There are certain meals in your life that will always be remembered (a milestone birthday at Eleven Madison Park a number of years ago comes to mind, for example). It’s not necessarily a fancy meal at a restaurant that makes an evening memorable–—so many factors can make a meal special, but this summer we were fortunate enough to dine at The Willows Inn on Lummi Island. Mark’s family had been talking about this restaurant for years, and we decided that this summer would be the year that we finally make a reservation. While the food was spectacular, the location was equally special, and the company even more so. It’s the sort of trip that our family will be remembering for years.
22 courses (!) may sound overwhelming, but each course was like a little gem. Some of the plates allowed a single ingredient to shine, while others featured the contrast and harmony between different flavors and textures. A chef’s tasting menu is all about the element of surprise and the anticipation and mystery of what’s next. I think it’s my favorite way to eat. A single mussel, for example, is presented in a cedar box after being smoked over alder on the grounds of the restaurant. A little precious? Maybe. But what makes the Willow’s Inn special is that much of the food and ingredients that make it to your table is foraged, caught, or grown right on the island. The connection between the food and the land is very evident here and it makes you really thoughtful about what you’re eating and how’s it’s prepared.
Although it’s been some time since I’ve eaten at any kind of fine dining restaurant, I’ve been to number of places here in NYC in the past, and what I appreciated about the Willows Inn was how relaxed our dinner was. While the location right on the water in what feels like the edge of the world had everything to do with it (and dress was fairly casual––this is Washington state after all!) I loved that the kitchen staff, including head chef Blaine Wentzel himself, emerged from the kitchen to serve each course to the diners. It gave us an opportunity to talk with the chef and the cooks. Guests are even invited to take a tour of the kitchen and gardens where many of the vegetables are grown. It certainly makes you think (at least during the meal) that this slow idyllic island life is the only thing that makes sense. Why aren’t we all living this way?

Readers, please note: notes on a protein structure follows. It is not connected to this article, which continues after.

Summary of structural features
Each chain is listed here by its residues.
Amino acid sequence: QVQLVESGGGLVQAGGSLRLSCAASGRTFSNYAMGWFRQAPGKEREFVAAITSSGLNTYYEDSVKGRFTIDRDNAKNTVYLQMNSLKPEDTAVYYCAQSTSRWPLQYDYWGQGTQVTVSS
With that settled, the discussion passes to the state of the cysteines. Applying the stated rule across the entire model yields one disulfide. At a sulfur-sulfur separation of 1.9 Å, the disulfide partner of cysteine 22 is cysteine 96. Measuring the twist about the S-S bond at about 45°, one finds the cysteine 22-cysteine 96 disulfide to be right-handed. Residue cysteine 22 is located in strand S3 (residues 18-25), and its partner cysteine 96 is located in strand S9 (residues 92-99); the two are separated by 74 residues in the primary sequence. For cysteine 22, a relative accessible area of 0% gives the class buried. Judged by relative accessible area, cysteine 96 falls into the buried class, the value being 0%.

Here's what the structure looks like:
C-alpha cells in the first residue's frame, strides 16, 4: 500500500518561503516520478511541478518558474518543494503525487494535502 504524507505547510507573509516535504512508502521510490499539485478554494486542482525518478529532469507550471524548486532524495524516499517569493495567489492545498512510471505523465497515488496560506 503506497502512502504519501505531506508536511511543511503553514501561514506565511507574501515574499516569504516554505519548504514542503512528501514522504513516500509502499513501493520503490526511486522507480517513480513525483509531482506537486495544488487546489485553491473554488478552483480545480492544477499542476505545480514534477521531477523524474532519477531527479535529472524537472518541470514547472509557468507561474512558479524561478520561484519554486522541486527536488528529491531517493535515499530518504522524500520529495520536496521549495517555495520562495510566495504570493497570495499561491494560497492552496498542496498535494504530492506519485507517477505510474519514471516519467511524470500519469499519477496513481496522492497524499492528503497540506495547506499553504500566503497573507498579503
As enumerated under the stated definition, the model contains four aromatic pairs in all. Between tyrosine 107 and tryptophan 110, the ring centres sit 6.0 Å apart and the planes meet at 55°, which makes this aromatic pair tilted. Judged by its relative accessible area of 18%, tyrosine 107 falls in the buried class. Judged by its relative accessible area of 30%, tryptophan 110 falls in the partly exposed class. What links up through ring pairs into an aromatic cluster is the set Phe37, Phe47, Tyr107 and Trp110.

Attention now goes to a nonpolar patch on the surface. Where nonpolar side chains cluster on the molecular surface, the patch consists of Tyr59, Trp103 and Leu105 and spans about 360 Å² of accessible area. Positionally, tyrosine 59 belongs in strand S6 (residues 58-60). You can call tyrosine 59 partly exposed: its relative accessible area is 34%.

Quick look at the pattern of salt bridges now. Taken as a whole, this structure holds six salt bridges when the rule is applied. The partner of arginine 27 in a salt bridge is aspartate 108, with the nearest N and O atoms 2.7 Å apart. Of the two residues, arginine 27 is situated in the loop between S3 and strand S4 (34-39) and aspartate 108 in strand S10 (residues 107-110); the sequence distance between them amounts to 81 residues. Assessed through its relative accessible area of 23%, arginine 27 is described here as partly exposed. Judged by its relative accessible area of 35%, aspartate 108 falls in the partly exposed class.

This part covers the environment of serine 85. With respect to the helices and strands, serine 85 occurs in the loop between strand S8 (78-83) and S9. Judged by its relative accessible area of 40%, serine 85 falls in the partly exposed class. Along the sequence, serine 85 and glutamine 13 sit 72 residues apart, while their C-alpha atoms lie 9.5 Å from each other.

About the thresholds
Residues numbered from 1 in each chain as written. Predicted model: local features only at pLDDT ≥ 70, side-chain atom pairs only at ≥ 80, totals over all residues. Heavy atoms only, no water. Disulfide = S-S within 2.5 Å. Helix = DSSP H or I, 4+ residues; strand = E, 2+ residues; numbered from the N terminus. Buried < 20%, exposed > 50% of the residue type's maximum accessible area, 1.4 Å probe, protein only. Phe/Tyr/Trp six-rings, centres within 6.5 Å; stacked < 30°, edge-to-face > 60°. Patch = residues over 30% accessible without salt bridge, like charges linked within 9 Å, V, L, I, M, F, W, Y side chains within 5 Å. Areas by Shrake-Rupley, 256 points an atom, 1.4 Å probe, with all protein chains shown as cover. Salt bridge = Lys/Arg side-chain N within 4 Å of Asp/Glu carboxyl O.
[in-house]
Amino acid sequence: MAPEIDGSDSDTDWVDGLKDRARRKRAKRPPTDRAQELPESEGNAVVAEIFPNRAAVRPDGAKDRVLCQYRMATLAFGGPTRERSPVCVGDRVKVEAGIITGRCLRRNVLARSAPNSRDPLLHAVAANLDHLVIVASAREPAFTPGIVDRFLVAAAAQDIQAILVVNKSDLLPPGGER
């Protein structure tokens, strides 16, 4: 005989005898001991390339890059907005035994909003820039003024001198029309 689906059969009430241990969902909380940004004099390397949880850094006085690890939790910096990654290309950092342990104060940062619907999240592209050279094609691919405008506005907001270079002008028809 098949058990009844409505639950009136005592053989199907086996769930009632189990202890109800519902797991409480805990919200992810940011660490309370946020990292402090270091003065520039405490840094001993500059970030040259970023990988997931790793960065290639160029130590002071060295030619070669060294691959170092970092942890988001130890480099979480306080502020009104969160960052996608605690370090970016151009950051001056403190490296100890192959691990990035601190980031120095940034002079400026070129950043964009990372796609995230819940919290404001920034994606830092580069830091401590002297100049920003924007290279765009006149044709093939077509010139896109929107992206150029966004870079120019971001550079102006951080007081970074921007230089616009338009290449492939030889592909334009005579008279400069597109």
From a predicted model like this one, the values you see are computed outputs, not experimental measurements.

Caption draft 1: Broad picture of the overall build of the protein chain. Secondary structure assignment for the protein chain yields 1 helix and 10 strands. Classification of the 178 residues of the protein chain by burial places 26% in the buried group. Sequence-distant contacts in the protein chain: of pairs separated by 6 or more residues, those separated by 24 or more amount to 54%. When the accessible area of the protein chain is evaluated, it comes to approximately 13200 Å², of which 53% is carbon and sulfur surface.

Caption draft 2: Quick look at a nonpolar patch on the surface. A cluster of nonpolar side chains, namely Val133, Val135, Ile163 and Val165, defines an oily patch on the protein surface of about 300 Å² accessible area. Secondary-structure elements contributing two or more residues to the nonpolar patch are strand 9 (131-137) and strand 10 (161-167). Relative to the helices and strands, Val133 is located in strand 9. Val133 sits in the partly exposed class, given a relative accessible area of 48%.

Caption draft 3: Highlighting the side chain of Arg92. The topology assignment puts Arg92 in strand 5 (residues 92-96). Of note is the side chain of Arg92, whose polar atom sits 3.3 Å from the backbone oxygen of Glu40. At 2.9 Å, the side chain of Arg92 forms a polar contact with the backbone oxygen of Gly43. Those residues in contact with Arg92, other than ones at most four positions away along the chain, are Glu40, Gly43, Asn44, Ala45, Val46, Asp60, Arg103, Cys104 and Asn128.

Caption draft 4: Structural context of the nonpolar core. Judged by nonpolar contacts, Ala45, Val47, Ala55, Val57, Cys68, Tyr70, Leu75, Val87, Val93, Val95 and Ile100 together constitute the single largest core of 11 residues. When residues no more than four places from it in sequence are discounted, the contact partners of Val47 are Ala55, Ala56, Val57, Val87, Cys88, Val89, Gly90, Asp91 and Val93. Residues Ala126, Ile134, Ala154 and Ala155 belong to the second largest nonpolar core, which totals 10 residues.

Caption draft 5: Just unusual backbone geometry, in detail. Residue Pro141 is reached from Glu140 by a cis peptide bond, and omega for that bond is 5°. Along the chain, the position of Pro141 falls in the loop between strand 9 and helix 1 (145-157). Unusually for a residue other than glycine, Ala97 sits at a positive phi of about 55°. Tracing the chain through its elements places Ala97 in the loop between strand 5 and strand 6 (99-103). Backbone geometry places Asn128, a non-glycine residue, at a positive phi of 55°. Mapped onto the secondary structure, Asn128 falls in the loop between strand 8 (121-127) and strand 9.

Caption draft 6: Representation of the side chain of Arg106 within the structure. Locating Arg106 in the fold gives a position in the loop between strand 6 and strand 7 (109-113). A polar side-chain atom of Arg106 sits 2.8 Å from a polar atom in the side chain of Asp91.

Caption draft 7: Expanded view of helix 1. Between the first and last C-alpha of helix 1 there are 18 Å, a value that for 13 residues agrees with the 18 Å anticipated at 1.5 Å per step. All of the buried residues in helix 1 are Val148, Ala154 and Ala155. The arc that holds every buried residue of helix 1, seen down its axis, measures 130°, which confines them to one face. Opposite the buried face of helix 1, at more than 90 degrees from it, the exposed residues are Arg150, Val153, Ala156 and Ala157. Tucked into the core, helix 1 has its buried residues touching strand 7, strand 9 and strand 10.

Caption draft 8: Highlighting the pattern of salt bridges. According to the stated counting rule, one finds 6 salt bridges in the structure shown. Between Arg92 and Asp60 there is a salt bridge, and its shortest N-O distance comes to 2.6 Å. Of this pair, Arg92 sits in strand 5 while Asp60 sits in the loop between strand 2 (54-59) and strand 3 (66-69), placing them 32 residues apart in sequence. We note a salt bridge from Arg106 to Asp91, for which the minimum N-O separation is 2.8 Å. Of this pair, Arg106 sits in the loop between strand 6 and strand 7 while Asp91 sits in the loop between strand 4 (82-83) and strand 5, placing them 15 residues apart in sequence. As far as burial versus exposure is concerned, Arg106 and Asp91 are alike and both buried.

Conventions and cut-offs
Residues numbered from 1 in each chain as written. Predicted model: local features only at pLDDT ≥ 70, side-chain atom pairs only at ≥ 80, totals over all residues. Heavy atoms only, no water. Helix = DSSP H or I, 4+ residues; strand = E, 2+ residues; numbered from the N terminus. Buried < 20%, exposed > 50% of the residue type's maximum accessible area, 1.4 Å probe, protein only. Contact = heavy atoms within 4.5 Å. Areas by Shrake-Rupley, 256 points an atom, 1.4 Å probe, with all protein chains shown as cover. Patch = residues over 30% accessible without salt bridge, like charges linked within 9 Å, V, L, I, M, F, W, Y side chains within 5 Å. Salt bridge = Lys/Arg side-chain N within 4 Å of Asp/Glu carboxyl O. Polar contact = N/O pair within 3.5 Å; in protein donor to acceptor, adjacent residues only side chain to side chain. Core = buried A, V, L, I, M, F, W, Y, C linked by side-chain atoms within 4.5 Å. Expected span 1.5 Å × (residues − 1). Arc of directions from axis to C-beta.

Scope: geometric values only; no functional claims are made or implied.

Lummi is tiny island located near the San Juan Islands on the edge of Washington, close to Canada. It has a population of roughly 1000 people and everybody waves to each other when they pass by. There isn’t much to do on the island–—not a lot of shops or restaurants––but that’s part of the charm. We spent 3 quiet days in a rented log cabin-like house with a view of the water not far from the Inn. Vacations in a rented house with family are the type of vacations that the girls love most. We cook, we read, watch movies and play lots of games. We’ve been doing a mini-trip within our annual summer travels to Washington for years now and it helps to make our trips to the Northwest feel like a vacation, rather than annual visits to family. We don’t travel a lot, but we do value family time and this a way to satisfy everyone.
So about our dinner party…I get the impression that large parties like ours isn’t really the typical reservation at the Inn (we were 8 and I believe the total seats in the restaurant is about 26). Everyone else was paired off in intimate tables (it seems like a perfect place to celebrate a special anniversary). I don’t know if many kids dine at the Inn either, and we did have many conversations about it before we made our reservation. As you may have guessed, the price of the tasting menu is expensive (and it would certainly make this a once-in-a-lifetime kind of dining experience). Initially, we were going to have both kids stay back at our rented house, but we decided about a month before our dinner to include our 13 year old because she is such a good eater and a food person, and we knew that she would love the experience. As it turns out, she did appreciate the meal as much (and maybe even more!) as any of us. We decided that our (pickier) 10 year old would not join us for dinner, but would stay in the room at the Inn that we reserved for that night while our party was downstairs in the dining room. We loaded up a bag full of drawing supplies, food, snacks, and an iPad, but she was allowed to stay for some of the beginning courses (called pre-dinner cocktail snacks) and join in on some of the dessert courses at the end of our meal. Given that this dinner is going to be such a collective memory for us all, we’re really happy that she got to experience some of the evening with us.
It’s hard to pick a favorite course when you have 22 fantastic ones to choose from, but if I had to pick one, it would be the one above––mostly because I’d never eaten anything quite like it before: a beautiful arrangement of edible flowers and herbs on top of a oyster cream sauce on a crispy tempura-fried mustard leaf. What I loved most, other than the fact that it was totally delightful and surprising, was that each bite was different from the next because of the all the different type of herbs. It’s something that I want to eat again and again, and one that I’ll want to try and recreate. But I know that even if we could get all the ingredients and recreate a close version, a big part of the magic of that dish will always stay on the island.